You probably know that freshman Congressman Bill Keating voted yes on the debt-ceiling bill yesterday -- joining Steve Lynch and Niki Tsongas from the Massachusetts delegation, in a disappointment to Bay State liberals.
But here's an even more surprising vote: Keating voted yes on an amendment to restore Bush-era restrictions on travel to Cuba.
This is a stunner -- "We were shocked, to put it mildly," says Mavis Anderson of the Latin America Working Group in Washington -- because his predecessor, Bill Delahunt, was the House's leading voice on easing such restrictions. Almost anybody who ever talked with Delahunt can attest to that being one of his most passionately-pursued issues. Delahunt believed strongly that opening Cuba up to American travel was not only the right thing to do, to allow people to visit their loved ones, but also the best way to bring down Castro's regime.
Conservatives, including conservative Cuban-Americans in Florida who were key to George W. Bush's election, disagree, and want to punish Castro by restricting all travel so that American money doesn't get spent there. Bush enforced very strict rules on travel to Cuba; Barack Obama has dramatically opened travel since taking office.
A week-and-a-half ago, the House Committee on Foreign Affairs -- now led by Florida Cuban-American Ros Lehtinen -- was marking up the Foreign Affairs Authorization Bill, which funds the State Department. Another Florida Cuban-American Republican, David Rivera, introduced an amendment that would essentially roll back all of Obama's changes -- not only for family travel, but also for education and cultural-exchange, according to Anderson.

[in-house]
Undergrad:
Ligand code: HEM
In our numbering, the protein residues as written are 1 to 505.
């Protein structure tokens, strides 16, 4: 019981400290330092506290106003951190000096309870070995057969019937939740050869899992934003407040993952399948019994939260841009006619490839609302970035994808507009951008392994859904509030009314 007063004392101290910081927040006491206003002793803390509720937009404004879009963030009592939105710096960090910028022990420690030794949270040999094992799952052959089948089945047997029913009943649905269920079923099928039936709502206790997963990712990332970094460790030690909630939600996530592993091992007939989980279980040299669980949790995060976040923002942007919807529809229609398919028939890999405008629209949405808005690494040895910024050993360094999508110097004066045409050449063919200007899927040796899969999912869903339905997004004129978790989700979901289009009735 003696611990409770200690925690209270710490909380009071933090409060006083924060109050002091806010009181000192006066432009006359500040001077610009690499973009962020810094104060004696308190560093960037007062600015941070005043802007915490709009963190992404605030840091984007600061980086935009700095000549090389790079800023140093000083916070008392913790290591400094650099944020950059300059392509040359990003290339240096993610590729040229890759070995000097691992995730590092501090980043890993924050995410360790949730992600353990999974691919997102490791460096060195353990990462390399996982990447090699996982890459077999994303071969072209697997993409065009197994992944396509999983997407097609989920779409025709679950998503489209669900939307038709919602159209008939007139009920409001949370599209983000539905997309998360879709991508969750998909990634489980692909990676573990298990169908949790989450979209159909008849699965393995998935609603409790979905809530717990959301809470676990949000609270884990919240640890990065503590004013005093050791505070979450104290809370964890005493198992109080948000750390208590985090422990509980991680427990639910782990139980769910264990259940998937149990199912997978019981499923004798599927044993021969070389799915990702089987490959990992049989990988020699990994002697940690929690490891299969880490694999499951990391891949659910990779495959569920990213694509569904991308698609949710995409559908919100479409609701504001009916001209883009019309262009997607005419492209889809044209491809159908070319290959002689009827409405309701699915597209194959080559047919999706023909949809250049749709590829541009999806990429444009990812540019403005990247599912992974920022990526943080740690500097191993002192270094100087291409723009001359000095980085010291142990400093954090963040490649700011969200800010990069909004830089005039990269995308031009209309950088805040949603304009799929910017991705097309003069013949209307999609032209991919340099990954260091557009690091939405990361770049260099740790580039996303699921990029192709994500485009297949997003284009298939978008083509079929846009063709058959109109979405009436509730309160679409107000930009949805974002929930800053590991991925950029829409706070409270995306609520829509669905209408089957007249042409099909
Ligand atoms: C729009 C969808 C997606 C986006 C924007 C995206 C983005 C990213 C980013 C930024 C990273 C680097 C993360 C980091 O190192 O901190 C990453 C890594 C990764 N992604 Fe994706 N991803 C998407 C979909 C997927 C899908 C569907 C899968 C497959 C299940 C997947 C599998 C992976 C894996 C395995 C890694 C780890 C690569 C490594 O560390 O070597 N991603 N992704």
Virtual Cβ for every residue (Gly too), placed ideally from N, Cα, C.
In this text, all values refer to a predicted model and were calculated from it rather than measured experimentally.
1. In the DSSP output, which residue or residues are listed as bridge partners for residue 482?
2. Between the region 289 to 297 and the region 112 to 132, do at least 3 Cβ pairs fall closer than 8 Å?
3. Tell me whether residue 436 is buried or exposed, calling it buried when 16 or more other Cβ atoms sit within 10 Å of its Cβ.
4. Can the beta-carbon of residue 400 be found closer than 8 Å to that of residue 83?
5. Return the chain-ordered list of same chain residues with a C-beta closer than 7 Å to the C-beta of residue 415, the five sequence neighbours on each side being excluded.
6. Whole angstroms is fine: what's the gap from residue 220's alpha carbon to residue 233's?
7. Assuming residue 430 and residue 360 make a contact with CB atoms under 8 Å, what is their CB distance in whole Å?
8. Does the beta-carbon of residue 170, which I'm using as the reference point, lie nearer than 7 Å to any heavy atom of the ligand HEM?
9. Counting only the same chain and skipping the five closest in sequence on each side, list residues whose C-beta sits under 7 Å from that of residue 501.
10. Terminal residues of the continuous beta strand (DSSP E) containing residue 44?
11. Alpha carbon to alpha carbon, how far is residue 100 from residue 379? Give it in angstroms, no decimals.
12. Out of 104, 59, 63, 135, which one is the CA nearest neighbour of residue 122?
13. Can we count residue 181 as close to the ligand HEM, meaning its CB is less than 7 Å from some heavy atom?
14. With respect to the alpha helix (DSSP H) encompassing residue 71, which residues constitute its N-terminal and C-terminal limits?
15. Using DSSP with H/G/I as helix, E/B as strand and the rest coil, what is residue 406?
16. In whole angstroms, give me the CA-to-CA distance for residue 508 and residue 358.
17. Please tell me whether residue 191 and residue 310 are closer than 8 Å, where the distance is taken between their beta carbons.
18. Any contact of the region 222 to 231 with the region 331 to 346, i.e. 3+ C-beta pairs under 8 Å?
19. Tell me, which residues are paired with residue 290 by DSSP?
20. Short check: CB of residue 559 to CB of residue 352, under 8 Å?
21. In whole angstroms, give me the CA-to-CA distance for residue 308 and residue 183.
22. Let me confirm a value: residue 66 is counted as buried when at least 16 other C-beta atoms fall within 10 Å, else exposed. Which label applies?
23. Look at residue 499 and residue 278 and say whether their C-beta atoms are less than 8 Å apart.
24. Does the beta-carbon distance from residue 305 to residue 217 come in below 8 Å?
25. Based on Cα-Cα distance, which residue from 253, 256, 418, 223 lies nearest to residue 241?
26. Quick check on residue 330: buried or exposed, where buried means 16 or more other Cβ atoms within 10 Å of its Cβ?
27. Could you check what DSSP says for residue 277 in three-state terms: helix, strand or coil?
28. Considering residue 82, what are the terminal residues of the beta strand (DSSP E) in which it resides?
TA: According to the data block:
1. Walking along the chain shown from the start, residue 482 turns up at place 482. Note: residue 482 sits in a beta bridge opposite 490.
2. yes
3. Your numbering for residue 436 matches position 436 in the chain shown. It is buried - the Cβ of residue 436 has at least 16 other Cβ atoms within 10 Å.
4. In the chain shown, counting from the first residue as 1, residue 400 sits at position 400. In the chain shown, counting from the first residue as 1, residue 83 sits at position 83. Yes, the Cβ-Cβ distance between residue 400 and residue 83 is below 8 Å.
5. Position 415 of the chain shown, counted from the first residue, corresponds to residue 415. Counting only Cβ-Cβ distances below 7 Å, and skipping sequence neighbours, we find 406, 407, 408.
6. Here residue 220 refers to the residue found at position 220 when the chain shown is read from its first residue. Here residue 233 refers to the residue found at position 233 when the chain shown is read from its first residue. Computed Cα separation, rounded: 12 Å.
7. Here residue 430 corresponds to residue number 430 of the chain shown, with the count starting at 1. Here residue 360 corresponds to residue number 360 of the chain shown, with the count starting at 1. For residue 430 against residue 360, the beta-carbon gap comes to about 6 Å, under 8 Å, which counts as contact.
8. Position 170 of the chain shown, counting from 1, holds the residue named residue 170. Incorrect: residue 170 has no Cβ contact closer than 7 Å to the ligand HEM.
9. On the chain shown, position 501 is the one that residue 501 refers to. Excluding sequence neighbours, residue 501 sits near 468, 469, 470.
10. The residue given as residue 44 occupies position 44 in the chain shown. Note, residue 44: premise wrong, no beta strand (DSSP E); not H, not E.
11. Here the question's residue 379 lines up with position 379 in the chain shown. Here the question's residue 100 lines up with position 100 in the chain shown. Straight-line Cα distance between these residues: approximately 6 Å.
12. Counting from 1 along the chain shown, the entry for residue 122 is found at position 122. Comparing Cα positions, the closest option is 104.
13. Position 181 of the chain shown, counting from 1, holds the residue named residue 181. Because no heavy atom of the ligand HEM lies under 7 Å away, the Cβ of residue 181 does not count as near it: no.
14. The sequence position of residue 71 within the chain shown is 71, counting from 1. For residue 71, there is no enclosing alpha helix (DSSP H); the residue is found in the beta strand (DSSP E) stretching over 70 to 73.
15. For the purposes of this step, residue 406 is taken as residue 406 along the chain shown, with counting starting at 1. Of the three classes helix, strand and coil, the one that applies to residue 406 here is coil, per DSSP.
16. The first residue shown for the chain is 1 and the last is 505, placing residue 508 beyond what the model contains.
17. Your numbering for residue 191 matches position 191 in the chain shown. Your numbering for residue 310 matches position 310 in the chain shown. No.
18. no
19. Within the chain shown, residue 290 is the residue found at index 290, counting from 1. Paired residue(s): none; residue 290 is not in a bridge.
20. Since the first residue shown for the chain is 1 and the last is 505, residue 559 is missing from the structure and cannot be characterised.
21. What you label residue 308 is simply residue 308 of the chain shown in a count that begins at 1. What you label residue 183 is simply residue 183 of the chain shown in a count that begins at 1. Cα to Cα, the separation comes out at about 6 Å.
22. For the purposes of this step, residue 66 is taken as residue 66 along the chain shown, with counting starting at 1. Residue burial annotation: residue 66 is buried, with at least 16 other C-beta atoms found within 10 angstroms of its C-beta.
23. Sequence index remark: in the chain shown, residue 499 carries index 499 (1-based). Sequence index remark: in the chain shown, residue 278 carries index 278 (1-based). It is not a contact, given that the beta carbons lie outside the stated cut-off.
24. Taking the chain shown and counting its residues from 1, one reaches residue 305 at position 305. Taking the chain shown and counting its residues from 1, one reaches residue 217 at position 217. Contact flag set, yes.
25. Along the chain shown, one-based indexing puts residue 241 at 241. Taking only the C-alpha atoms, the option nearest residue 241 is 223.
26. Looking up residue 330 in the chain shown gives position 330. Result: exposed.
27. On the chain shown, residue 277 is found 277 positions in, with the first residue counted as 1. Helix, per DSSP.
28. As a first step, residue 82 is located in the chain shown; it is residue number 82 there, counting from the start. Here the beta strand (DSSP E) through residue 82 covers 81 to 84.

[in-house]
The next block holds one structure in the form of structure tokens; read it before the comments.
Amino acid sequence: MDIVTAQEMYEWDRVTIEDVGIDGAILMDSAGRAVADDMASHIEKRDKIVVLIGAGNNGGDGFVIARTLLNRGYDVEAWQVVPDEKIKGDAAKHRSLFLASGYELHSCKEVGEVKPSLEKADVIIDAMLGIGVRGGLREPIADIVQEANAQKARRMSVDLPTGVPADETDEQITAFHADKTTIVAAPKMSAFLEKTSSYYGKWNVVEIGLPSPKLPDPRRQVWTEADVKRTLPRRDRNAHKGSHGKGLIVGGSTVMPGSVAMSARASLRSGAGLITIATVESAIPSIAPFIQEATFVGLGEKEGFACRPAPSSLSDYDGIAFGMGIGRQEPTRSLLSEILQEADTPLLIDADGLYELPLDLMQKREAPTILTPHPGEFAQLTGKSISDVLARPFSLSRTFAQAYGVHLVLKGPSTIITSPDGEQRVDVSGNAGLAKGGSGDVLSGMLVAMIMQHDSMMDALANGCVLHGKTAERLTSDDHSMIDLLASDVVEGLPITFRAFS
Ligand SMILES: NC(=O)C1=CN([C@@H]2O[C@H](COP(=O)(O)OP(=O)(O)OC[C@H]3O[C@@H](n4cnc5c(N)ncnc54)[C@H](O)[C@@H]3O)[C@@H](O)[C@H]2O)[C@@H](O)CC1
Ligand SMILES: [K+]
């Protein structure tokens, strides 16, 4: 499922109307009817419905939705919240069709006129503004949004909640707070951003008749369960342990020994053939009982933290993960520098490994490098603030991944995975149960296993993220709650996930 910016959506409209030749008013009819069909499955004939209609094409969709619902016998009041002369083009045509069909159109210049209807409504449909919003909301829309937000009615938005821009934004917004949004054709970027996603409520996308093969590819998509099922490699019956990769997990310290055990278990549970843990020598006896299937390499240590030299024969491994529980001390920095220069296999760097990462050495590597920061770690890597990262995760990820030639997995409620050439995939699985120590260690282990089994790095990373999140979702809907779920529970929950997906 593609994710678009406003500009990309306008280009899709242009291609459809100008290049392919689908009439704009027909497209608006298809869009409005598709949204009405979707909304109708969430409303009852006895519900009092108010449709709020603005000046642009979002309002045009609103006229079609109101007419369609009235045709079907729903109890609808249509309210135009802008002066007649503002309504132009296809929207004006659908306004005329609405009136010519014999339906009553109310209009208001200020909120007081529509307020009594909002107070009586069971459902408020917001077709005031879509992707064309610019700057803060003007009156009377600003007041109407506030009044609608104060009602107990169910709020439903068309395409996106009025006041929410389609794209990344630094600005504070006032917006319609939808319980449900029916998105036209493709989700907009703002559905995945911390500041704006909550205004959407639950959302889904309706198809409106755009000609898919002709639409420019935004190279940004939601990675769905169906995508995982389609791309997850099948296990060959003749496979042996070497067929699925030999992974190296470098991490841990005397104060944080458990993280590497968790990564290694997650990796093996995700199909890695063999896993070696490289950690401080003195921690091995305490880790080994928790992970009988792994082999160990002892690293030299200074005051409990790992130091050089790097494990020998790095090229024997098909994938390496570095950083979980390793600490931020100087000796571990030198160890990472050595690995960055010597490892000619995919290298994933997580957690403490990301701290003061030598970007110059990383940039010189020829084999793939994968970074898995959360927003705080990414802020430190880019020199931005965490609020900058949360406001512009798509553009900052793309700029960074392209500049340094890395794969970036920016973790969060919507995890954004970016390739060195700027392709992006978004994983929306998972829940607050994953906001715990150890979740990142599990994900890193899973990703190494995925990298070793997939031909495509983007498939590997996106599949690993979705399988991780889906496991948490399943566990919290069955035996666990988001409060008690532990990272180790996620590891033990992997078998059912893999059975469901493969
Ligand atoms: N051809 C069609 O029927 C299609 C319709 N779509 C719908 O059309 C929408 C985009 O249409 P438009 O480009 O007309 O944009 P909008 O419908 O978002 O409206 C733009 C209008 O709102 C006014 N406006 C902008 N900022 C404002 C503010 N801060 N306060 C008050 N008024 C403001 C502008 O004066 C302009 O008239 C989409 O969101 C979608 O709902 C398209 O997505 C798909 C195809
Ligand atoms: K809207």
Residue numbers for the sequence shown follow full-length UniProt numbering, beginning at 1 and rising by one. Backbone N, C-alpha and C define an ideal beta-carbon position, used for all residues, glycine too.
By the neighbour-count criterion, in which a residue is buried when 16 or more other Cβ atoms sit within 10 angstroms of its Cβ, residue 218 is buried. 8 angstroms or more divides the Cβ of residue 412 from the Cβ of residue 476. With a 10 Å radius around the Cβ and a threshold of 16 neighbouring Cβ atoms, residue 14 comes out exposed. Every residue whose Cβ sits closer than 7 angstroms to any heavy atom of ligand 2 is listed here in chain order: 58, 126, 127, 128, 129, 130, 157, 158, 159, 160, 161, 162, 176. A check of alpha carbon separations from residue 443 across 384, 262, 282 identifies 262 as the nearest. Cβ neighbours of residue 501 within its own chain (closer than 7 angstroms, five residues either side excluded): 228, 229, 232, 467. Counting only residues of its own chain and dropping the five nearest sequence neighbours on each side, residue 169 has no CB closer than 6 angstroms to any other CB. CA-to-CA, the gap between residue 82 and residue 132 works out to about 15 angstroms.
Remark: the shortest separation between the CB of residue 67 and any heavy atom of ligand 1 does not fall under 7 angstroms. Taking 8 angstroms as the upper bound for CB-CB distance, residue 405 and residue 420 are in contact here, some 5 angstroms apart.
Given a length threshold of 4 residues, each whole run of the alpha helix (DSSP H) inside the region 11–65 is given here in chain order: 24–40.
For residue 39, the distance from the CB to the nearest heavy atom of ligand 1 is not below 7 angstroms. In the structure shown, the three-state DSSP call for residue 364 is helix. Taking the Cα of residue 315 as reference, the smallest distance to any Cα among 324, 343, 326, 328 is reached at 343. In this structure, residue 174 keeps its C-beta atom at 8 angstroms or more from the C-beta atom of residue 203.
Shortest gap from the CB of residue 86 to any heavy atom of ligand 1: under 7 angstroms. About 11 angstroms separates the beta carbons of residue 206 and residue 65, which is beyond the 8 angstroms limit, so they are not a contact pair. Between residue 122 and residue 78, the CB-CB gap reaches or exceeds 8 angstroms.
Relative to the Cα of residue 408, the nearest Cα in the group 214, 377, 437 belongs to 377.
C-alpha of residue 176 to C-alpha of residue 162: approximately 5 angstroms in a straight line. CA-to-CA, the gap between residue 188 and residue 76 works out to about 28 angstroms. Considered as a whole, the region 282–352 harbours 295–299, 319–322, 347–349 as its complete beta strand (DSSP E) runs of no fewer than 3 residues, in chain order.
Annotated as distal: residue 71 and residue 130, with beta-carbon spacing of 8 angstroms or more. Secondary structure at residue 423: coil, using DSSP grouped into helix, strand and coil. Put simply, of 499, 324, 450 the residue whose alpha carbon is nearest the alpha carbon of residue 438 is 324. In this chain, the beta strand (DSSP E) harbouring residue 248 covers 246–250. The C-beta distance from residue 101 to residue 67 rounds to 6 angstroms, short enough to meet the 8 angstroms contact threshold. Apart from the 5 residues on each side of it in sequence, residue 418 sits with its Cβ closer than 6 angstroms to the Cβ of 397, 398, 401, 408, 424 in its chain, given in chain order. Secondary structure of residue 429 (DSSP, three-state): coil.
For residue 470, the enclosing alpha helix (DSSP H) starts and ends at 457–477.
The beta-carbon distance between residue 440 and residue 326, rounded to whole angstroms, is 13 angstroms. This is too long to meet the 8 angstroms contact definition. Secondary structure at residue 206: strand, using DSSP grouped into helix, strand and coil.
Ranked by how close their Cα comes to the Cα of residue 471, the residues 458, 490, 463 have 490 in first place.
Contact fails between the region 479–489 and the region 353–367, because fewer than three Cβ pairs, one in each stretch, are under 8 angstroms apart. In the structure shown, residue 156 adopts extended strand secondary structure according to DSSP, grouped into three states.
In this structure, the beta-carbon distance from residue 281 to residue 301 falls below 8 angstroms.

The amendment passed, with all the Republicans and 13 of 19 Democrats on the committee voting in favor. That included Keating, the only Massachusetts congressman on that committee. It also included freshman Democrat David Ciccilline of Rhode Island -- another shock, Anderson says.
It's mostly a symbolic vote -- Anderson says that this bill never gets passed, and won't this year. (State Department funding authorization typically just gets rolled over from the previous year, to avoid inevitable controversies in what the Department does or should do.)
However, Anderson and others fear that the bipartisan vote will embolden a similar effort taking place on the Appropriations Committee, where Mario Diaz-Balart (yes, another Florida Cuban-American Republican) has been pushing for an travel-restriction amendment to the Financial Services Appropriation Bill. That authorization probably will be passed, on its own or rolled together in an omnibus package, before the start of the fiscal year on October 1st. (Financial Services includes the Treasury, which enforces sanctions like travel restrictions.)
Diaz-Balart's version is considered less onerous, but is still a big step in the wrong direction according to advocates for loosening restrictions.
That would presumably include Delahunt. But for those thinking that Keating would strive to be another Delahunt, the truth is that the two are not exactly best buds. Delahunt did not endorse Keating in the primary -- or in the race to succeed Delahunt as District Attorney. The story goes that Delahunt was not supporting of Keating in that race, and Keating subsequently got rid of Delahunt's people on the DA staff.
Regardless, the vote would suggest that Keating is trying to move to the right where he can, to preserve his electoral strength in arguably the state's most conservative district -- as it currently stands, and who knows what it will look like after redistricting.
To let Congressman Keating know what you think of his vote, call his Washington office at 202-225-3111, or his district office in Quincy at 617-770-3700 -- or send him an email message using this form on his web site.